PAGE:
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CHICAGO (MarketWatch) — “A Charlie Brown Thanksgiving,” one of the best in the long-running series of “Peanuts” specials, returns to TV this week to remind us why these animated shows have been a part of American culture for the last 47 years.

While overshadowed by the two most popular and critically acclaimed “Peanuts” specials — “A Charlie Brown Christmas” and “It’s the Great Pumpkin, Charlie Brown” — the Thanksgiving special is also fondly remembered, with good reason.

The show will air Wednesday night at 8 p.m. Eastern on ABC
 , and will be repeated on Thanksgiving night at the same time. On both nights, it will be paired with “This Is America, Charlie Brown: The Mayflower Voyagers,” the premiere episode of a 1988-89 “Peanuts” miniseries.

ABC began airing the specials in 2001, after they had been seen on CBS from 1965 until 2000.

On Nov. 20, 1973, CBS
 slotted “A Charlie Brown Thanksgiving,” — sponsored by Interstate Brands, the parent of Dolly Madison cakes and pies — at 8 p.m. Eastern to kick off its Tuesday night lineup. The Peanuts cartoons had become such ratings blockbusters by this time that the network had no problem preempting “Maude,” the “All In The Family” spinoff that would finish as the sixth most-watched show of the 1973-74 season.

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Against the short-lived NBC crime drama “Chase” and the medical sitcom “The New Temperatures Rising Show,” ABC’s second attempt to find a starring vehicle for comedian Paul Lynde, “Thanksgiving” easily won the time period, averaging a 27.8 rating and 43 share of the television audience. (One ratings point was equal to 1% of the 65.6 million U.S. television households in existence at the time. Share is the percentage of sets in use tuned to a specific program.)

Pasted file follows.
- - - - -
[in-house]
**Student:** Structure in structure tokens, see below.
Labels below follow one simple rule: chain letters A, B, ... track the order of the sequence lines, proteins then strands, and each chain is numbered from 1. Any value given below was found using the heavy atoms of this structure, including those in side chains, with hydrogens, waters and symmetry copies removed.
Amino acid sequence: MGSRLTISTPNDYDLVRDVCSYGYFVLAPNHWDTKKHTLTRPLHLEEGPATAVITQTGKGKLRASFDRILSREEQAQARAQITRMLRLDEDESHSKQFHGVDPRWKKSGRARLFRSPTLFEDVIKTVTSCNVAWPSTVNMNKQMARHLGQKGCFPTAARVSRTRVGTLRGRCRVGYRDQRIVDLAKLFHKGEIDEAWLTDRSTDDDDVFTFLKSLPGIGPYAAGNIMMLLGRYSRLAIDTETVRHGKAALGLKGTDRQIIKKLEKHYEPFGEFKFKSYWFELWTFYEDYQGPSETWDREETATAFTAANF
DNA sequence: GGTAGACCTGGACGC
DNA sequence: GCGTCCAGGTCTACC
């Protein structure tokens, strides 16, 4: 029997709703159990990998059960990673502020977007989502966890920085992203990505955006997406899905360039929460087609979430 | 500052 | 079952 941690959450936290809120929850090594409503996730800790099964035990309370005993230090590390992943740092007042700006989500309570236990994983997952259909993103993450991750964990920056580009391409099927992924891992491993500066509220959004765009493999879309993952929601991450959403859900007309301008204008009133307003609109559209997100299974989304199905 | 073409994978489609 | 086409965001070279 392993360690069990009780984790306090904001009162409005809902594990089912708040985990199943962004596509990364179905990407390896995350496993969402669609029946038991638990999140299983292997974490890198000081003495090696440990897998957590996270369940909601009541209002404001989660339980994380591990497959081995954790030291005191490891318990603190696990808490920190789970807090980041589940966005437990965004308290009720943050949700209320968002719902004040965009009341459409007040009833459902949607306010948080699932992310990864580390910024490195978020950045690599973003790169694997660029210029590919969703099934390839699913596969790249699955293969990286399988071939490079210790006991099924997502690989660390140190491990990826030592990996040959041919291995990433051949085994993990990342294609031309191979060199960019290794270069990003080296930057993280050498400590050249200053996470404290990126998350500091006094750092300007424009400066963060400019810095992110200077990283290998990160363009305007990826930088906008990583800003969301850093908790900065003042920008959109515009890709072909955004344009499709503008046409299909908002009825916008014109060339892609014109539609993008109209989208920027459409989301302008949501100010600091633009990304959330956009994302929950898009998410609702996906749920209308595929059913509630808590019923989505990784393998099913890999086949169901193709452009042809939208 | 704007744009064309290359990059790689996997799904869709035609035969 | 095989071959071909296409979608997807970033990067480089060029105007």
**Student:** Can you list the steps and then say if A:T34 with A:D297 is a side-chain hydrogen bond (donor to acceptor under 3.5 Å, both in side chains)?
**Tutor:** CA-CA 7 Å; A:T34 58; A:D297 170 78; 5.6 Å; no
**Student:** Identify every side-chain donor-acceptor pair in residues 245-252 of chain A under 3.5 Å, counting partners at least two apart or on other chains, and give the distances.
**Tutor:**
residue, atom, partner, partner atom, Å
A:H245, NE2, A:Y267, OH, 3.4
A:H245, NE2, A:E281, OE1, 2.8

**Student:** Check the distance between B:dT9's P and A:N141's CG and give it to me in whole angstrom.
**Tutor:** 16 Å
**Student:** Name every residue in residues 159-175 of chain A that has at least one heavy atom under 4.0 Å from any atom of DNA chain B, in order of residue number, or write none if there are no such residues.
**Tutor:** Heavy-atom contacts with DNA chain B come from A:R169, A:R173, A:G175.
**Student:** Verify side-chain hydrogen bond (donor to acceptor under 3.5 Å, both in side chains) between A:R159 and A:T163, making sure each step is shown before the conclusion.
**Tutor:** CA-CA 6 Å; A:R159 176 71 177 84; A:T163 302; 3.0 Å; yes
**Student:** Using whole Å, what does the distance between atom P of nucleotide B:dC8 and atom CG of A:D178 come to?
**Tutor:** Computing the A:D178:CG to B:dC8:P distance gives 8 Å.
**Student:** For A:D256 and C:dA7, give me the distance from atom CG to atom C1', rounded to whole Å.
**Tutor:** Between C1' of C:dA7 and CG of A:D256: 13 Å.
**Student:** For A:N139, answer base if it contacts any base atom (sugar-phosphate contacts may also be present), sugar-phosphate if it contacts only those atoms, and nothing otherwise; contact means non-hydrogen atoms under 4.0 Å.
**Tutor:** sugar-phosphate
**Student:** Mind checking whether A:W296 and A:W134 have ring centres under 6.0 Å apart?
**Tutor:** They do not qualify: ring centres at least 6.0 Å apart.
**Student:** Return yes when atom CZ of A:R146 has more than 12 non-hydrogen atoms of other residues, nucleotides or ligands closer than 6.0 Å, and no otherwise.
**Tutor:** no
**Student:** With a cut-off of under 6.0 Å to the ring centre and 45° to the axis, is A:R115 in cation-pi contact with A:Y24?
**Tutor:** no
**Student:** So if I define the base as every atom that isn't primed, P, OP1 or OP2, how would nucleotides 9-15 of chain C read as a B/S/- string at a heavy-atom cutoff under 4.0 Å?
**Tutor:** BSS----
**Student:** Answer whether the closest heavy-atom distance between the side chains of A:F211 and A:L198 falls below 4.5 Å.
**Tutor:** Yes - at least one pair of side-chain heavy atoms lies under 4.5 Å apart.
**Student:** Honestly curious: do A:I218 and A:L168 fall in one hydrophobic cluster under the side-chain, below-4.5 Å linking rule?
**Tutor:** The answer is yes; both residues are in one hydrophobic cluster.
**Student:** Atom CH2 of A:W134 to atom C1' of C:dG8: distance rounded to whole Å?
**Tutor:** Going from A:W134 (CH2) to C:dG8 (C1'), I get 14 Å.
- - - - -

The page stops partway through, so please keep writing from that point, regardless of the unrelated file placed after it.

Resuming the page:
“A Charlie Brown Thanksgiving.” Charlie Brown and Peppermint Patty.


“Peanuts” creator Charles Schulz uses Peppermint Patty as the catalyst in “A Charlie Brown Thanksgiving.” She invites herself, Marcie and Franklin to Charlie Brown’s house for dinner, ignoring his attempts to explain that he and his family have to be at his grandmother’s house by 4:30. Linus asks the most obvious question.

“Why don’t you just call Peppermint Patty back, and explain your dilemma?”

“Because,” replied Charlie Brown, “you can’t tell Peppermint Patty anything, because you never get to say anything. I’m doomed.”

Linus agrees to help Charlie Brown cook a special dinner for the gang — with the aid of Snoopy and Woodstock. When they come up with a meal of pretzel sticks, toast, popcorn, jelly beans and gelatin sundaes, Patty blows her stack.

The appeal of “A Charlie Brown Thanksgiving” lies in Patty’s brashness; her awkward crush on Charlie Brown, which seems to have started the whole thing; Snoopy’s flights of fancy; and jazz composer Vince Guaraldi’s music.

The musical backdrop

Guaraldi composed music for the first 16 “Peanuts” specials, before his death from a heart attack in 1976. While “A Charlie Brown Christmas” is usually cited as his masterwork, “A Charlie Brown Thanksgiving” is every bit its equal.

The stately, uptempo main theme evokes the dignity of the holiday. It’s heard most effectively in the final scene with Snoopy and Woodstock, when trumpet soloist Tom Harrell explores the tune’s playful bridge.

Guaraldi was clearly inspired by Snoopy’s antics here. When he and Woodstock begin to set up a ping-pong table for dining, we hear the first notes of “Little Birdie,” a bluesy song with the pianist himself on vocals. The music continues as Snoopy fights with a lawn chair.

“For me the standout in that special is Snoopy having the fight with the collapsible chair, because that’s a wonderful piece of animation,” said Charles Solomon, an animation historian and author of a new book, “The Art and Making of Peanuts Animation: Celebrating Fifty Years of Television Specials,” in an interview. “It was so fascinating to see the drawings that [animator] Bill Littlejohn did for that sequence. The drawings are so vivid.

Littlejohn, a veteran who had worked at Disney, MGM and elsewhere, is quoted many times in Solomon’s book. “Snoopy was a dream; he was my favorite,” Littlejohn told Solomon. “He’s crazy! There’s no dialogue, just pantomime. He can do anything.”

A big-band version of the signature “Peanuts” theme, “Linus and Lucy,” is the perfect accompaniment as Snoopy directs the making of the dinner. Guaraldi always played “Linus and Lucy” differently for each special, and he and arranger John Scott Trotter came up with perhaps their best treatment for “Thanksgiving.”